7. The method of claim 1, wherein said subject is afflicted with a fungal infection.

8. The method of claim 1, wherein said subject is afflicted with a protozoal infection.

9. The method of claim 1, wherein said active compound is selected from the group consisting of the compounds of Table 1 below
TABLE 1
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and pharmaceutically acceptable salts or prodrugs thereof.

10. The method of claim 1, wherein said active compound is a compound Formula Ia.

11. The method of claim 1, wherein said active compound is a compound Formula Ib.

12. The method of claim 1, wherein said active compound is a compound Formula Ic.

13. The method of claim 2, wherein said cancer exhibits elevated levels of fatty acid synthase.

14. The method of claim 1, wherein said active compound has the following structure: embedded image

Description:

GOVERNMENT SUPPORT

This invention was made with government support under grant numbers W81XWH-09-1-0204 and W81XWH-05-1-0065 awarded by the Department of Defense (DOD) and CA114104 awarded by the National Institutes of Health (NIH). The government has certain rights in the invention.

FIELD OF THE INVENTION

The present invention concerns methods of treatment, and compounds and compositions useful for carrying out such methods.

SUMMARY OF THE INVENTION

A first aspect of the present invention is a method of inhibiting fatty acid synthase in a subject in need thereof, comprising administering to said subject an active compound as described herein in a treatment-effective amount. Examples of subjects in need thereof include, but are not limited to, subjects afflicted with cancer, obesity, diabetes, viral infection, bacterial infection, fungal infection or protozoal infection.

A second aspect of the present invention is the use of an active compound as described herein for the preparation of a medicament for carrying out a method as described herein, such as for treating cancer, obesity, diabetes, viral infection, bacterial infection, fungal infection or protozoal infection.

A third aspect of the present invention is the use of an active compound as described herein for carrying out a method as described herein, such as for treating cancer, obesity, diabetes, viral infection, bacterial infection, fungal infection or protozoal infection.

A further aspect of the present invention is the use of an active compound, as described herein, in combination with one or more known medicaments to achieve additive or synergistic activity for treating cancer, obesity, diabetes, viral infection, bacterial infection, fungal infection or protozoal infection.

The foregoing and other objects and aspects of the present invention are explained in greater detail in the specification set forth below.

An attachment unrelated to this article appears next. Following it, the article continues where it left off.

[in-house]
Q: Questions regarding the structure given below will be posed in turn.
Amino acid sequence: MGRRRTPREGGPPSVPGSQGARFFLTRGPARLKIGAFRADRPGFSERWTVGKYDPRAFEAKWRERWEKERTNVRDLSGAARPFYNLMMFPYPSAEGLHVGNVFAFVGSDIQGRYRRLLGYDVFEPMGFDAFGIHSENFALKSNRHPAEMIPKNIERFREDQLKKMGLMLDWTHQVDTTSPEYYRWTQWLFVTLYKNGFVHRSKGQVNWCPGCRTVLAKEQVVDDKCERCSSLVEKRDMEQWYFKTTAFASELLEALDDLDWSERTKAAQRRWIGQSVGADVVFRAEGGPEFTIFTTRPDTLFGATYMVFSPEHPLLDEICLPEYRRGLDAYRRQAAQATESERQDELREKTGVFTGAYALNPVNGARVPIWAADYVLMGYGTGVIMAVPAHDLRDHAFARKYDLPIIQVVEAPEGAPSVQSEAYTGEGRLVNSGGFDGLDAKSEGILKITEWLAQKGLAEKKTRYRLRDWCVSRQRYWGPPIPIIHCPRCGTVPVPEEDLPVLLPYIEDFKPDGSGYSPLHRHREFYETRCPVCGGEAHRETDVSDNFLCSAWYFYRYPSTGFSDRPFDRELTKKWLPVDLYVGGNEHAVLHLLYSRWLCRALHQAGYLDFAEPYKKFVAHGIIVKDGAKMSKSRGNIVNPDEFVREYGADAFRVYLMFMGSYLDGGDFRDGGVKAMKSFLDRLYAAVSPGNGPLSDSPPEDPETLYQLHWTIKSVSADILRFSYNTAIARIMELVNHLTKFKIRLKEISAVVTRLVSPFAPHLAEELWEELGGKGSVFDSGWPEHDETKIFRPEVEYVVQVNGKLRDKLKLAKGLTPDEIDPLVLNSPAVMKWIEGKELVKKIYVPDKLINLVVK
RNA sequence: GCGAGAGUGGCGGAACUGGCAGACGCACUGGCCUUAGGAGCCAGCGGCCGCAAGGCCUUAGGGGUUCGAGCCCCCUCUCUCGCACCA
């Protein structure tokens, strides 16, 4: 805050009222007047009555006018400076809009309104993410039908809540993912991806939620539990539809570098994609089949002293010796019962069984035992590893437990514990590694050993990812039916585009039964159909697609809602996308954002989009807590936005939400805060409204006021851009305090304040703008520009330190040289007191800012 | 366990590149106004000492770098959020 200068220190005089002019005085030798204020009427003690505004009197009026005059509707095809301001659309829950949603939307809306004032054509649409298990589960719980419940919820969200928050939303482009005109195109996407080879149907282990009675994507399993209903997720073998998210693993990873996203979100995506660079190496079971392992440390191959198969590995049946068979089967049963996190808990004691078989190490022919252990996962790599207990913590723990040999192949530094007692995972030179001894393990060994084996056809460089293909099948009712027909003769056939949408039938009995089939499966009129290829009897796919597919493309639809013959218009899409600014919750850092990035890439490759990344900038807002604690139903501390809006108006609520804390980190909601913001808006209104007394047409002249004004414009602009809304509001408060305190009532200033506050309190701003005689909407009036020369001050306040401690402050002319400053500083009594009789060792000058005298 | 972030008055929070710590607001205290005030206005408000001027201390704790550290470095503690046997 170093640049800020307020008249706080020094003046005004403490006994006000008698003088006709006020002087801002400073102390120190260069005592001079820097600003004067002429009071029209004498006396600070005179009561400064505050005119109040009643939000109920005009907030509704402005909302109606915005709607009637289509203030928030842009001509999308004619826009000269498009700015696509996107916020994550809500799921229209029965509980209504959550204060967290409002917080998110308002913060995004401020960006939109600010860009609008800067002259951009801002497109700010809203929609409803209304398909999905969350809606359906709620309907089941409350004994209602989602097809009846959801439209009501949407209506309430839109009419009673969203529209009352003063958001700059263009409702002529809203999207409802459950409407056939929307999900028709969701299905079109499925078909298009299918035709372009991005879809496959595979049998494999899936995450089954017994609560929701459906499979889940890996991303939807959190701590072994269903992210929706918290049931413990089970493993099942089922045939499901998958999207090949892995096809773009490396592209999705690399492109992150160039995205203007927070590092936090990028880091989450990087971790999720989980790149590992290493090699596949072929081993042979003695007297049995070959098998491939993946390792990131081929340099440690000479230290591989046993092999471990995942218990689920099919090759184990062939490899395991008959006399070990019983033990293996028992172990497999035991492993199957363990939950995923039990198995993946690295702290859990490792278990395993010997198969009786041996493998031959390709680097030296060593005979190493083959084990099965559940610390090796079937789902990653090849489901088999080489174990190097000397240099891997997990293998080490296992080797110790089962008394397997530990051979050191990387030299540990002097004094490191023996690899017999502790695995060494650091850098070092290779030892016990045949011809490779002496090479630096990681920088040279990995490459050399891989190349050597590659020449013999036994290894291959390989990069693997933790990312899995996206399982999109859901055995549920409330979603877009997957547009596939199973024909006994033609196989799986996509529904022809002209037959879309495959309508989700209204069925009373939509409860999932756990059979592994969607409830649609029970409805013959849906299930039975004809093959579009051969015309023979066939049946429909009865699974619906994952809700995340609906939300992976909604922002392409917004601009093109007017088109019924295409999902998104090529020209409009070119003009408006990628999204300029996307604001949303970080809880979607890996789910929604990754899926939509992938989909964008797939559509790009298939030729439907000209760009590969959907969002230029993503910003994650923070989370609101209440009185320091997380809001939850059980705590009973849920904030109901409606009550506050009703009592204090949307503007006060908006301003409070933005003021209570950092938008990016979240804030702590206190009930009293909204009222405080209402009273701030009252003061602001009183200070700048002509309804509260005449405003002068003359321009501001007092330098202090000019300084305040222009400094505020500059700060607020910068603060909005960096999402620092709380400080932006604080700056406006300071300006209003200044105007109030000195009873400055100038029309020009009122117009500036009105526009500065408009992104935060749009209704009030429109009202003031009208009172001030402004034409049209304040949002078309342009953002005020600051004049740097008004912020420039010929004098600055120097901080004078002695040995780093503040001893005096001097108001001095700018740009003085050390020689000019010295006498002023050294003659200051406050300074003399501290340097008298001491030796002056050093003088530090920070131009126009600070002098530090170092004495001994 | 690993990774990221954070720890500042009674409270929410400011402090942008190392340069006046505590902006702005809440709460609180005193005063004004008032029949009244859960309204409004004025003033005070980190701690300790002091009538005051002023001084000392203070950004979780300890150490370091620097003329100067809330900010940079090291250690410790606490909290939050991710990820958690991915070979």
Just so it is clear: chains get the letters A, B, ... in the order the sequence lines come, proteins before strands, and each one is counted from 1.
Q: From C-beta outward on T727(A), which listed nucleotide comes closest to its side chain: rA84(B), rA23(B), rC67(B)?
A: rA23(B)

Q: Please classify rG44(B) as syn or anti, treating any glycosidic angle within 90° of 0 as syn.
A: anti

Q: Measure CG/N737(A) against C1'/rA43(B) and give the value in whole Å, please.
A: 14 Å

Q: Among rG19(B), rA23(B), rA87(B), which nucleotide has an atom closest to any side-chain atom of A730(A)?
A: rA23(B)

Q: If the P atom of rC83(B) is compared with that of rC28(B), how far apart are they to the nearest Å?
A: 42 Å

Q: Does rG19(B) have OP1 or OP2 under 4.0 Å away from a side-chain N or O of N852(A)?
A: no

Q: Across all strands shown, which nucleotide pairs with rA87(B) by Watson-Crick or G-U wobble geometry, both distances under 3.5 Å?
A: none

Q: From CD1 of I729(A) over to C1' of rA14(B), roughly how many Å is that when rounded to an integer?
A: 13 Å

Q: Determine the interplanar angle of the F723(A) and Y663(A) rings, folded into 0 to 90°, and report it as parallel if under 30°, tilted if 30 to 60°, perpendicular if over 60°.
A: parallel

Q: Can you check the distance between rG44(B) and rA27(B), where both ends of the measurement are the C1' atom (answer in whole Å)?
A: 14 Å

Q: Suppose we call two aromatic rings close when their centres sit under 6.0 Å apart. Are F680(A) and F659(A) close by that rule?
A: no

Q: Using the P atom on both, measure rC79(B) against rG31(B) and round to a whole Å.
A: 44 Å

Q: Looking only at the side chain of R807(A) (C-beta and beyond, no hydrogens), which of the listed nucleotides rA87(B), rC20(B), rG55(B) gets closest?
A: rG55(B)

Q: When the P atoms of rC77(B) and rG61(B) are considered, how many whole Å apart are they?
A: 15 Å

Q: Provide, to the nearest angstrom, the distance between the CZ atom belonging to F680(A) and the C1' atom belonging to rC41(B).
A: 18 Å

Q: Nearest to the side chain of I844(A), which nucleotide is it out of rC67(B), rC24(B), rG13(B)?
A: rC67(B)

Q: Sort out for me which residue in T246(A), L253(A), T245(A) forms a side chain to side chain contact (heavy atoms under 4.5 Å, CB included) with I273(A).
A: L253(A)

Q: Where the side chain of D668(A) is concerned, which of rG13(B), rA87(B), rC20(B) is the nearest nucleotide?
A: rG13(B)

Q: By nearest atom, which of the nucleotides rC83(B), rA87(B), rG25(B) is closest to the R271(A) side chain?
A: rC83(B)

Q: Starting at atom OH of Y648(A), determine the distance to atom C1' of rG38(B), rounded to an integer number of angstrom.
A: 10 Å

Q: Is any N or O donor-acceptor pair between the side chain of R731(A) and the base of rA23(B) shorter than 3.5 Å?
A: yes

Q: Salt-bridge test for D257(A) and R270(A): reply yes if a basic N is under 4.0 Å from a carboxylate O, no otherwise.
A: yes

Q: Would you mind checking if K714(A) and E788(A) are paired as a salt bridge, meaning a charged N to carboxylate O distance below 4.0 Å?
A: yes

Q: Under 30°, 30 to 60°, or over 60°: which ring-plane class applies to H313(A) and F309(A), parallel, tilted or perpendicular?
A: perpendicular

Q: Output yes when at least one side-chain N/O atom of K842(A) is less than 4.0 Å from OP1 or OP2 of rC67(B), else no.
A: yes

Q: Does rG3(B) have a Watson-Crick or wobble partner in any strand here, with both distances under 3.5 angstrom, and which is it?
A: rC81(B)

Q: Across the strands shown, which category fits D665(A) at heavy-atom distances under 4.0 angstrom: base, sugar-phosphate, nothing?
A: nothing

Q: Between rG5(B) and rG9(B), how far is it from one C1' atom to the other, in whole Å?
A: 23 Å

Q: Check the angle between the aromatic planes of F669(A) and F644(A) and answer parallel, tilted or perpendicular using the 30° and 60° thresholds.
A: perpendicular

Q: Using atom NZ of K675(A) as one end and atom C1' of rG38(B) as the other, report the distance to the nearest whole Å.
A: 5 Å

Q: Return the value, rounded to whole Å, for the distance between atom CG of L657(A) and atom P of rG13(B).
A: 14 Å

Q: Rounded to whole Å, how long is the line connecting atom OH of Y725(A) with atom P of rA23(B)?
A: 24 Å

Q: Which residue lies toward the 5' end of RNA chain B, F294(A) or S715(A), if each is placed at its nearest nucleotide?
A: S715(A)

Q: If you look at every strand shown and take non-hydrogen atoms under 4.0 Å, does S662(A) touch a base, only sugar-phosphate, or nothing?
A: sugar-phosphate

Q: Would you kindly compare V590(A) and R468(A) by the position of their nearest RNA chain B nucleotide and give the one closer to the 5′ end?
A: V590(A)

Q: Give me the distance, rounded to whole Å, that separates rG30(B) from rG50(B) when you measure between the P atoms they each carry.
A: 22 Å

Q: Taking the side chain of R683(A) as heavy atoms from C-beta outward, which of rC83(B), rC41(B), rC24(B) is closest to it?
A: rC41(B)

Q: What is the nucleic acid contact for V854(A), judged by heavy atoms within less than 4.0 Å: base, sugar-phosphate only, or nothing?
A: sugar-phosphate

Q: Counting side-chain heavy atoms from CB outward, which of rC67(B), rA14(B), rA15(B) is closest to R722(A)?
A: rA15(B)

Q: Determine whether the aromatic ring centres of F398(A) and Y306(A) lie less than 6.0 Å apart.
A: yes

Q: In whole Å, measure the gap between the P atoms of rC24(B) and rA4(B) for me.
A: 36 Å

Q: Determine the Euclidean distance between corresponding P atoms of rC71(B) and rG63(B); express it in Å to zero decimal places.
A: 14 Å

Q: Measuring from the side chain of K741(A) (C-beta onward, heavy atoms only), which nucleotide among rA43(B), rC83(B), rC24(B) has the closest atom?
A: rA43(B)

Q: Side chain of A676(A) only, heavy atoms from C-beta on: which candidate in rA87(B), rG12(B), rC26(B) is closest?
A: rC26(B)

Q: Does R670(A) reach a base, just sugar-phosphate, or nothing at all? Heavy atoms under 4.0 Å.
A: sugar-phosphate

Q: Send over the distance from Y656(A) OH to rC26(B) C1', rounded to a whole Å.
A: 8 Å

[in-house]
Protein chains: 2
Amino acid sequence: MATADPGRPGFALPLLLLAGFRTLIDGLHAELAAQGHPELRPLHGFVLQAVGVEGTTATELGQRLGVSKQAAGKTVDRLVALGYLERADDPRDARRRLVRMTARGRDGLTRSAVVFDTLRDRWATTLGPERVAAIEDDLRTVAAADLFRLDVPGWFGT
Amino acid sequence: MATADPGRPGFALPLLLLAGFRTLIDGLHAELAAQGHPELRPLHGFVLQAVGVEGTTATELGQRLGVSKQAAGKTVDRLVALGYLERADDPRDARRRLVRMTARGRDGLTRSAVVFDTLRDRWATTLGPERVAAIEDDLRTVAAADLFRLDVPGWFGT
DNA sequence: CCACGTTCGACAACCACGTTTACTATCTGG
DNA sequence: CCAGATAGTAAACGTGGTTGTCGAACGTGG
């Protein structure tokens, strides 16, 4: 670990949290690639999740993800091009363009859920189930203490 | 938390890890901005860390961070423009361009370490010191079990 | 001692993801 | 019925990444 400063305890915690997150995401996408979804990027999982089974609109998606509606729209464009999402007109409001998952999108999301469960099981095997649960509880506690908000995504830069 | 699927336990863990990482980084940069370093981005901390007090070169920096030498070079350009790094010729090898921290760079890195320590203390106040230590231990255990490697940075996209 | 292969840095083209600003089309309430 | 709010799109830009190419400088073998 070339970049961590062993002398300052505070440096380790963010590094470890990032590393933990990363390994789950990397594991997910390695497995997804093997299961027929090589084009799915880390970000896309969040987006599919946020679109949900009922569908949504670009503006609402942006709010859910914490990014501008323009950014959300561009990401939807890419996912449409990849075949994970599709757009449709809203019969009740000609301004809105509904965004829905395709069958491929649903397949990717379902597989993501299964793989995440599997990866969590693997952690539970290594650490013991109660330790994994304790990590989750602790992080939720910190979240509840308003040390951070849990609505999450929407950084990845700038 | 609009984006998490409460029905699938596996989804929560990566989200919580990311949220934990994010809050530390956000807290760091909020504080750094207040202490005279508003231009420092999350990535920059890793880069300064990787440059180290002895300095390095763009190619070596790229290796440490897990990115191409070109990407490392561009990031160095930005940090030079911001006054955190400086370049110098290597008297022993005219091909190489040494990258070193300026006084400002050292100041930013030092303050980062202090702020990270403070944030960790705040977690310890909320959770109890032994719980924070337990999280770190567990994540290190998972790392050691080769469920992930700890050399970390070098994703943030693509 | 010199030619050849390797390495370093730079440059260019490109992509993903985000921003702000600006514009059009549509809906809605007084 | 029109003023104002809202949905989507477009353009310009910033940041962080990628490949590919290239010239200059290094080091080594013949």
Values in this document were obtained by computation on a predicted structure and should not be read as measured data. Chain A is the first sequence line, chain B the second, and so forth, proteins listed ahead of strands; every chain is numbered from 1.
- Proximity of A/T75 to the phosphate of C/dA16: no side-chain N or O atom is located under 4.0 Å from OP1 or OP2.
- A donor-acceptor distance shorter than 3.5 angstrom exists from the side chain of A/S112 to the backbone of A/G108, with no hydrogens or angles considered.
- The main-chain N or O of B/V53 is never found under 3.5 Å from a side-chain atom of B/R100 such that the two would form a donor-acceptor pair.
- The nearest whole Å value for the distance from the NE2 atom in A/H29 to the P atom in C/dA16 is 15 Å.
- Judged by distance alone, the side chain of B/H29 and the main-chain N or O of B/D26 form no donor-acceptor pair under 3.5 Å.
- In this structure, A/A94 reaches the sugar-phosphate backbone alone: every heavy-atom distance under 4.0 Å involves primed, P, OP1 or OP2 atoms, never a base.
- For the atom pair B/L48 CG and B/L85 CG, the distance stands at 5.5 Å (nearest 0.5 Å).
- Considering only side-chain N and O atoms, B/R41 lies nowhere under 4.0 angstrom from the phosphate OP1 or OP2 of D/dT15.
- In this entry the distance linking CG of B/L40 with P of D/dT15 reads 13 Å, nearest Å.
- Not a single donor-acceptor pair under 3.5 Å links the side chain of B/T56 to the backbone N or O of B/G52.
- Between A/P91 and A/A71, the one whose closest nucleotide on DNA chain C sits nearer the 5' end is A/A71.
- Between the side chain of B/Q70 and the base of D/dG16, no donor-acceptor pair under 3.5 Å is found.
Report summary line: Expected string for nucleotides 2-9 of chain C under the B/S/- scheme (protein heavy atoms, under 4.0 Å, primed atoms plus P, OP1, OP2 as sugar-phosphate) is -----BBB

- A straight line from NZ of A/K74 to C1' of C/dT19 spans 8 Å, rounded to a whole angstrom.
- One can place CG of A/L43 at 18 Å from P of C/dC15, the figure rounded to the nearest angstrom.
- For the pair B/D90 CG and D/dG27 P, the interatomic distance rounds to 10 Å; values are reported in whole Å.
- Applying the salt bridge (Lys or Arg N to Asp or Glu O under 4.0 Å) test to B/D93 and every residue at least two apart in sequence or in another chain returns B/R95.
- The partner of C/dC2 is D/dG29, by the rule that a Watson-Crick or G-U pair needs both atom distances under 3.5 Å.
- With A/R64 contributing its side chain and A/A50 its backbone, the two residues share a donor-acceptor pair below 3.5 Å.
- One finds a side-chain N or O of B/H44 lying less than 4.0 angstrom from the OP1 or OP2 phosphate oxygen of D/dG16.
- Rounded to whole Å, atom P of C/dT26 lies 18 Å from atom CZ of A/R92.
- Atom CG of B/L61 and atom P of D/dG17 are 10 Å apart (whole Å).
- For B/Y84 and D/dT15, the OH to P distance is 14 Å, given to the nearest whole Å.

DETAILED DESCRIPTION OF PREFERRED EMBODIMENTS

The present invention is primarily concerned with the treatment of human subjects, but the invention may also be carried out on animal subjects, particularly mammalian subjects such as dogs, cats, livestock and horses for veterinary purposes. Human subjects may be male or female subjects and may be any age, including neonate, infant, juvenile, adolescent, adult, and geriatric subjects.

“Treat” as used herein refers to any type of treatment that imparts a benefit to a patient, particularly delaying or retarding the progression of the disease.

“Pharmaceutically acceptable” as used herein means that the compound or composition is suitable for administration to a subject to achieve the treatments described herein, without unduly deleterious side effects in light of the severity of the disease and necessity of the treatment.

“Concurrently” as used herein means sufficiently close in time to produce a combined effect (that is, concurrently may be simultaneously, or it may be two or more events occurring within a short time period before or after each other).

“Cancer” as used herein includes, but is not limited to, any cancers exhibiting elevated levels of fatty acid synthase as in epithelial cancers; the term “cancer” includes also breast cancer, lung cancer, prostate cancer, ovarian cancer, colon or colorectal cancer, liver cancer, skin cancer such as melanoma, brain cancer such as astrocytoma, pancreatic cancer, leukemia, lymphoma, etc.

“Diabetes” as used herein includes type I and type II diabetes.

“Bacterial infection” as used herein refers to any undesired infection of a subject with a gram negative or gram positive bacteria. Particular examples are infections by those bacteria set forth below.

“Gram-negative” bacteria are those that do not retain crystal violet dye after an alcohol wash in the Gram staining protocol. This is due to structural properties in the cell walls of the bacteria. Many genera and species of Gram-negative bacteria are pathogenic. Gram-negative bacteria include members of the phylum proteobacteria, which include genus members Escherichia, Salmonella, Vibrio, and Helicobacter. Examples of genera of biofilm-forming bacteria include, but are not limited to, Pseudomonas, Bordetella, Vibrio, Haemophilus, Halomonas, and Acinetobacter. Other genera include Klebsiella, Proteus, Neisseria, Helicobacter, Brucella, Legionella, Campylobacter, Francisella, Pasteurella, Yersinia, Bartonella, Bacteroides, Streptobacillus, Spirillum, Moraxella and Shigella. Examples of species of bacteria include Pseudomonas aeuroginosa, Bordetella pertussis, Vibrio vulnificus, Haemophilus influenzae, and Halomonas pacifica.